The Irish Times - Friday - The Ticket - - THE TAKE | CRITICS’ CHOICE -


I re­mem­ber lis­ten­ing to Nev­er­mind when I was seven or eight-years-old on my fa­ther’s Cre­ative Zen MP3 Player and in­stantly want­ing to buy the al­bum.

It has stuck with me my whole life since and is the rea­son I started writ­ing mu­sic. I felt it was the sat­is­fac­tory blend of pop and rage that I was look­ing for.

Mu­si­cally, the way Kurt Cobain would some­how cre­ate dis­so­nant riffs along with pop vo­cals, while Dave Grohl would use drums in atyp­i­cal pat­terns has been the rea­son it res­onated most with me. kinds of pro­grammes that fea­tured in the 2016 fes­ti­val, Com­pos­ing the Is­land. The 2022 fo­cus is very vague, with the first pro­gramme hav­ing English com­poser Vaughan Wil­liams’s 1910 Fan­ta­sia on a theme of Tal­lis jostling with AJ Pot­ter’s 1968 Sin­fo­nia “de Pro­fundis”, which was first per­formed in 1969. The lat­est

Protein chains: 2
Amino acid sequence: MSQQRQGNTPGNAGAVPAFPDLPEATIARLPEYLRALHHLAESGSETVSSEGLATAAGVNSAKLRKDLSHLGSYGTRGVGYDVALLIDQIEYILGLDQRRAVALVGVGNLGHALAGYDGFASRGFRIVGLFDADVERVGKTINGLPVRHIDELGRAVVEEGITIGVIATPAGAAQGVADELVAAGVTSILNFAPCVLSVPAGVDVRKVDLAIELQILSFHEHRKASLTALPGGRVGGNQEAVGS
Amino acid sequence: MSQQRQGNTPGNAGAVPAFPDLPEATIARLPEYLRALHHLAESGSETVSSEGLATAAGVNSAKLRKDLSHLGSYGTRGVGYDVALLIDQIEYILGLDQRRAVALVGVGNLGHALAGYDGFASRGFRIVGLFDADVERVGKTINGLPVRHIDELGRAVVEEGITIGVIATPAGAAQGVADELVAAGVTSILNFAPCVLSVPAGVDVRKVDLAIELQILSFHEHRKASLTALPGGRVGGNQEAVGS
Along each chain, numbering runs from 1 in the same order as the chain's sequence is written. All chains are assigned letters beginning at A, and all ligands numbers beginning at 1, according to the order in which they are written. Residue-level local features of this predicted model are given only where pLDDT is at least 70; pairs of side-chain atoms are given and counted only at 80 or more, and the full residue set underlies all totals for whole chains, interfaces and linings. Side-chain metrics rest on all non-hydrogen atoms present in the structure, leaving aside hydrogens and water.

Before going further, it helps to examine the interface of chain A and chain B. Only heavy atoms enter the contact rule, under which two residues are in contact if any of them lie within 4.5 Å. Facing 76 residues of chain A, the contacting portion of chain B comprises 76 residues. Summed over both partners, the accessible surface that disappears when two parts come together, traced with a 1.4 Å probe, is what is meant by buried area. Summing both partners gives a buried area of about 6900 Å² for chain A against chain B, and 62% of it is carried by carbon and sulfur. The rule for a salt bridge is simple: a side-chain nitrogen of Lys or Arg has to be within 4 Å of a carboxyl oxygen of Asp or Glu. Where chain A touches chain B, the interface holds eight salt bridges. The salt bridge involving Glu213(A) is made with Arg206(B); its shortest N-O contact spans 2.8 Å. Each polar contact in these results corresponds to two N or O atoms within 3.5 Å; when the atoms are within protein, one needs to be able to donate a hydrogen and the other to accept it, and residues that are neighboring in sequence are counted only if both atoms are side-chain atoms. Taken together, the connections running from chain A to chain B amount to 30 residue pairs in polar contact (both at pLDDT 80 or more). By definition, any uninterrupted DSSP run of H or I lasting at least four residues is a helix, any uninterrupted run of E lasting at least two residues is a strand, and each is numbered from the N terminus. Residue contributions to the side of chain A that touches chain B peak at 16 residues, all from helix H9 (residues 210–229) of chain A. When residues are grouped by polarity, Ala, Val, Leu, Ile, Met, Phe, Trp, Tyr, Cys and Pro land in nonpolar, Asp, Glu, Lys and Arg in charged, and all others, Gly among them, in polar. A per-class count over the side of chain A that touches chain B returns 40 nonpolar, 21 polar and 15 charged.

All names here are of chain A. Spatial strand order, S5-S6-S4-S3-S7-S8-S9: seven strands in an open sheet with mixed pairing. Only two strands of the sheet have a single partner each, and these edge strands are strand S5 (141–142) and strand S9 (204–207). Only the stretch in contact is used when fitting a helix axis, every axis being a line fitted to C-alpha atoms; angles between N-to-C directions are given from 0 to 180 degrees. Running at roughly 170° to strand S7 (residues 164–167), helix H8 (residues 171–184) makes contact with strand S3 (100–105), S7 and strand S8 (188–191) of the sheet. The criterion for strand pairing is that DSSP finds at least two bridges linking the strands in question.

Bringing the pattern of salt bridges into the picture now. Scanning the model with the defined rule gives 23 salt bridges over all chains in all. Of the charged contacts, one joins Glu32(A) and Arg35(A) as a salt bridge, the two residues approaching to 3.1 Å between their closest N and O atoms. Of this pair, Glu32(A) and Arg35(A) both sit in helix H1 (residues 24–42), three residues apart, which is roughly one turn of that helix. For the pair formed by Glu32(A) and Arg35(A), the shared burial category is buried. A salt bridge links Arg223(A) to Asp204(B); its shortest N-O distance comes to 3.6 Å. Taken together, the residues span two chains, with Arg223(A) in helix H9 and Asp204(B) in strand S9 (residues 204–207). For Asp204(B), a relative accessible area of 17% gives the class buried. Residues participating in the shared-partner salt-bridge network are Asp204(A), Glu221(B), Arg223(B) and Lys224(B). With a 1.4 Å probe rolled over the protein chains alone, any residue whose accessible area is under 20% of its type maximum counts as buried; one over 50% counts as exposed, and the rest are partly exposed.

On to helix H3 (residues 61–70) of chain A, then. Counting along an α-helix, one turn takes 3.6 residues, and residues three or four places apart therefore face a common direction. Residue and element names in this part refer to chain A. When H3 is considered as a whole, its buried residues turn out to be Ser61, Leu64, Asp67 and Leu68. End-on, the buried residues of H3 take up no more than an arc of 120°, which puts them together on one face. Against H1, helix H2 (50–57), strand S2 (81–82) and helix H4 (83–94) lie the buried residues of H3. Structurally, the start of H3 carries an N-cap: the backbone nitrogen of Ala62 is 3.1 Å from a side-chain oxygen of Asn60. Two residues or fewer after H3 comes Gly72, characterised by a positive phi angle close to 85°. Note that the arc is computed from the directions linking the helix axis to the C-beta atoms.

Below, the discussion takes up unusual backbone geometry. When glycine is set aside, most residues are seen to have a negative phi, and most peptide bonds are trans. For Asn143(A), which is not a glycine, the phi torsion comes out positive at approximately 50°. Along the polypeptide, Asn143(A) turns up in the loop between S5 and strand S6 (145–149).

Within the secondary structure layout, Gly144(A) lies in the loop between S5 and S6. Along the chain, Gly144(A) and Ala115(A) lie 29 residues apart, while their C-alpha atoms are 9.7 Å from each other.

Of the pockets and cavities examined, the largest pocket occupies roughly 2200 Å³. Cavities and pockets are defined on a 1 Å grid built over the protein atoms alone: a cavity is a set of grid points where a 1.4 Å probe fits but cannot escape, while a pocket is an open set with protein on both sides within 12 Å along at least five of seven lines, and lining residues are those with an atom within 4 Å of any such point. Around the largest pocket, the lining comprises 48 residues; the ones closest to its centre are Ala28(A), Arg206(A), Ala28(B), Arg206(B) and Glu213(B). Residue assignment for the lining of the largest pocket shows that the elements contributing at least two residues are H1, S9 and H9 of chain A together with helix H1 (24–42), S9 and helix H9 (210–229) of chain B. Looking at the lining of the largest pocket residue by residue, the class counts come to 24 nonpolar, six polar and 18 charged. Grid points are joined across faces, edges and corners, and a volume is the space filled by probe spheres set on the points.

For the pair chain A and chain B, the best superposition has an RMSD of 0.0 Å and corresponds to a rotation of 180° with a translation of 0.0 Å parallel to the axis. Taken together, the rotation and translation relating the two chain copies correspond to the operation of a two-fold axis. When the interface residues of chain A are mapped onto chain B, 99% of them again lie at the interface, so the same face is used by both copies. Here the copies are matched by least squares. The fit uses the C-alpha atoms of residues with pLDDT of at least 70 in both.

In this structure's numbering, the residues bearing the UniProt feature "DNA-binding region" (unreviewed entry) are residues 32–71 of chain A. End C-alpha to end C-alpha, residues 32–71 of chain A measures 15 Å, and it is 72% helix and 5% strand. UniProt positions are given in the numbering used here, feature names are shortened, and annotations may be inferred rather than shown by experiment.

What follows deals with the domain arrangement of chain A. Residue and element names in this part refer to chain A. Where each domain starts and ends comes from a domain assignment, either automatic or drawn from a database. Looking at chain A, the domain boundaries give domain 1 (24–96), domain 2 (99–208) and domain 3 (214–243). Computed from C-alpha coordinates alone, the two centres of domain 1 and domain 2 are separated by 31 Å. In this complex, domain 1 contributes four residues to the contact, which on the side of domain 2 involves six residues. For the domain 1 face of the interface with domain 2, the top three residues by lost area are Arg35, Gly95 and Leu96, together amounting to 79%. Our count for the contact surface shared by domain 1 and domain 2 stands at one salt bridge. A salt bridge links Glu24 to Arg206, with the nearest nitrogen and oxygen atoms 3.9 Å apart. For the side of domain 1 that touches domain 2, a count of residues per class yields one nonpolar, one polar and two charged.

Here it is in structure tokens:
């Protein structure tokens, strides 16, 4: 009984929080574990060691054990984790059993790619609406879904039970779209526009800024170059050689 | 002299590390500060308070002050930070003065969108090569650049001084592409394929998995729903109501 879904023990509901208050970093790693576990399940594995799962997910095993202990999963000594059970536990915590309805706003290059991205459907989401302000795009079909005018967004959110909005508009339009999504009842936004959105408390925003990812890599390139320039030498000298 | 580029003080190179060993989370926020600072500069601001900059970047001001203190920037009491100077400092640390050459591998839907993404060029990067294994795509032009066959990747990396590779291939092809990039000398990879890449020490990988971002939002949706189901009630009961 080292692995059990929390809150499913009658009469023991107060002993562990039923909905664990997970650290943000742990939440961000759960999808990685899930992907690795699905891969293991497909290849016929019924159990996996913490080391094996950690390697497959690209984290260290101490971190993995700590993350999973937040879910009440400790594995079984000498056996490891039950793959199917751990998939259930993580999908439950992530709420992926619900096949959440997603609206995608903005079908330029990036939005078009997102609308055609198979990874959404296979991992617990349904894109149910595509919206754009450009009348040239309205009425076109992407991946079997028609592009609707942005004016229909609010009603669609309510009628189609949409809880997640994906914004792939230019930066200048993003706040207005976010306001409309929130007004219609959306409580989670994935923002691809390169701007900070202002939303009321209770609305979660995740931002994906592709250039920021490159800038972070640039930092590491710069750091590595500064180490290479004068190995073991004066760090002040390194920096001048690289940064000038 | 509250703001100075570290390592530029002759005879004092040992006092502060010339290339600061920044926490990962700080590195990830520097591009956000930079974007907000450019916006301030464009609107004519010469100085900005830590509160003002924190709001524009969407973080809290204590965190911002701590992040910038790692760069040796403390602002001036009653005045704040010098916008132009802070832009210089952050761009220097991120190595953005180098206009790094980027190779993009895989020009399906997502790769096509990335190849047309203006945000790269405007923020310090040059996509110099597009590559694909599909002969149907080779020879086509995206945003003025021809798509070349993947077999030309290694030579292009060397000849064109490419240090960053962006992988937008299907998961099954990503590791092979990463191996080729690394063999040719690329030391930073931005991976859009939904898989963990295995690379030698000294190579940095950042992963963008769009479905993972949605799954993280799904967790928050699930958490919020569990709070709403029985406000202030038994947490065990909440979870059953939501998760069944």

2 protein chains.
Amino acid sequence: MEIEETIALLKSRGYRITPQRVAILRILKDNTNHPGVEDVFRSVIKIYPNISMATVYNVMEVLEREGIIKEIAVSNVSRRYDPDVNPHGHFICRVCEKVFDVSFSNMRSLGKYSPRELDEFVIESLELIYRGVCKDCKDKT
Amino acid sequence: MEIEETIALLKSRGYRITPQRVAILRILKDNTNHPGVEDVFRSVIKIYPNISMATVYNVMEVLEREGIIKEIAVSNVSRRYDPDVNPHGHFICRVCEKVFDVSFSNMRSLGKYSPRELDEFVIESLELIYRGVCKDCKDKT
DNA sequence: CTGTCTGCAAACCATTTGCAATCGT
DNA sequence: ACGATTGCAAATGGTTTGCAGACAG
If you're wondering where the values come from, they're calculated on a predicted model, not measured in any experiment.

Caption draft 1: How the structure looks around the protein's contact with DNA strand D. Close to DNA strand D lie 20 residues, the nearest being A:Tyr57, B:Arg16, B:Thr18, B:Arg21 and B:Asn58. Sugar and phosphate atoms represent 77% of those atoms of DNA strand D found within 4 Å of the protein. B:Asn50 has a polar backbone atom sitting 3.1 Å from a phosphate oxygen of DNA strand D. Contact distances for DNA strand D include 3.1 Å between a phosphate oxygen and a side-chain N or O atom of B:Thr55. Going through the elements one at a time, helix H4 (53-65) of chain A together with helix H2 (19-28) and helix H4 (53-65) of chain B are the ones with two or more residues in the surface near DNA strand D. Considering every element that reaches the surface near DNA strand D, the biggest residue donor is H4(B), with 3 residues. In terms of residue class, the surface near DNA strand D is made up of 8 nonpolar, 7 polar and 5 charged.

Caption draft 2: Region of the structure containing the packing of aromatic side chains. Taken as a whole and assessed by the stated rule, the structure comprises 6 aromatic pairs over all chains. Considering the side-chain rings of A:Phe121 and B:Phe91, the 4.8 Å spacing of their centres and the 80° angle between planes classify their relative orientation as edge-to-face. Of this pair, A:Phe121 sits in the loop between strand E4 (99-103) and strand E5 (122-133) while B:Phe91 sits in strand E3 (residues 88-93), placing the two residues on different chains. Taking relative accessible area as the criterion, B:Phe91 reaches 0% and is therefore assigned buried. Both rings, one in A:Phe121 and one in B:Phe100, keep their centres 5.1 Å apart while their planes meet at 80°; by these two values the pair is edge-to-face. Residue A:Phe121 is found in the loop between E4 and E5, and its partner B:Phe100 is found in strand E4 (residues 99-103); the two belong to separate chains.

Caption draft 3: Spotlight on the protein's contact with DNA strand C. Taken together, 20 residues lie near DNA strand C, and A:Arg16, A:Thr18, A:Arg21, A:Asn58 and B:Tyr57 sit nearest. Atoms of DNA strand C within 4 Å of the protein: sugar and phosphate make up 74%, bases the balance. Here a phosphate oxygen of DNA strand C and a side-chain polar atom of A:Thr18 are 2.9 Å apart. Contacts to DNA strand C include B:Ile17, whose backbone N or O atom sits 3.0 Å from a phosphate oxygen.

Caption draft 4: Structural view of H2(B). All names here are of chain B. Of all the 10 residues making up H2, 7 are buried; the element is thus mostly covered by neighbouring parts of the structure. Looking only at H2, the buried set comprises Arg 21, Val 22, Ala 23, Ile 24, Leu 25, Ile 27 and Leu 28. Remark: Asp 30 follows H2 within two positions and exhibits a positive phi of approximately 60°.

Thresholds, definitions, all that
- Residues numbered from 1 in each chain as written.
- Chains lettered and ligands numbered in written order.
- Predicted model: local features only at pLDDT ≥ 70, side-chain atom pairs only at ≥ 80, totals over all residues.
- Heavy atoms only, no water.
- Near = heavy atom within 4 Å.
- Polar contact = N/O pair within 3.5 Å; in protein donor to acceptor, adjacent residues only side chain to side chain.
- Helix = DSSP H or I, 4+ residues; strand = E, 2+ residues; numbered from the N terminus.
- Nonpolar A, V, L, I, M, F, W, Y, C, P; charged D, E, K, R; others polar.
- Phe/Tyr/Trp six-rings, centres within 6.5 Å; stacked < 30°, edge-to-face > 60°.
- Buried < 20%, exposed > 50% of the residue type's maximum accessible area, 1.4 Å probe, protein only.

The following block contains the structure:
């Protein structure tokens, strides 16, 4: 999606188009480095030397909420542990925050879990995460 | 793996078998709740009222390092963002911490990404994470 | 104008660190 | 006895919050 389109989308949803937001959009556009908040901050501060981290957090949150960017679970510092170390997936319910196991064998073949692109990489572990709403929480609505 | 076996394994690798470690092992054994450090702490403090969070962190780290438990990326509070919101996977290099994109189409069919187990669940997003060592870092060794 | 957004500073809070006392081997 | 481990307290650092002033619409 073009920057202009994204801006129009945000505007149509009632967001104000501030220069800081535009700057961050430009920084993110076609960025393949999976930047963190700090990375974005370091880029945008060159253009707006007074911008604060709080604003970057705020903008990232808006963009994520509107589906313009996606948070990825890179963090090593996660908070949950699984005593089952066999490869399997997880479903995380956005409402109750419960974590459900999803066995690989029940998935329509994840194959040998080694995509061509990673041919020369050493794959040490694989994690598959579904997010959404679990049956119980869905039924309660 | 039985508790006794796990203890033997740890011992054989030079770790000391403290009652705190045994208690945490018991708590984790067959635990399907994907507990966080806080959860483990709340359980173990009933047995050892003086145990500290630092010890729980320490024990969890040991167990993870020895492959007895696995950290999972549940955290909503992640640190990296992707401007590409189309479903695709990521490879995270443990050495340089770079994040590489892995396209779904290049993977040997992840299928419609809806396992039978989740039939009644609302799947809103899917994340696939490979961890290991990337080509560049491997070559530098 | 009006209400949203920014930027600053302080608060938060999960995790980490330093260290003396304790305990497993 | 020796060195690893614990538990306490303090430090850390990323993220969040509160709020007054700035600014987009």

Dis­so­nance, the push and pull, soft and loud dy­nam­ics, are some­thing I strive to utilise in my own of­fer­ing also seems to have been con­ceived with a very loose con­nec­tion to 2022. David Bro­phy con­ducts Stan­ford’s 1903 Ir­ish Rhap­sody No 2 (Lament for the Son of Os­sian), John Buck­ley’s 1992 Or­gan Con­certo with Fer­gal Caulfield as soloist, and Ina Boyle’s 1927 Sym­phony No 1 (Glen­cree). mu­sic. Lyri­cally the f*cked-up sub­ject mat­ter of songs like Polly and the sur­re­al­ism of songs like

Drain You just sucked me right in.

The al­bum taught me that pop mu­sic doesn’t nec­es­sar­ily have to be what’s in the charts at the mo­ment.

It can be anger, pas­sion, love and ev­ery­thing in be­tween with dis­tor­tion and all. This al­bum means ev­ery­thing to me.

When­ever I doubt my­self or if I feel my­self slip­ping in to the con­forms of nor­mal­ity this al­bum brings me back to be­ing my­self and helps me re­mem­ber to be me. NIALL BYRNE

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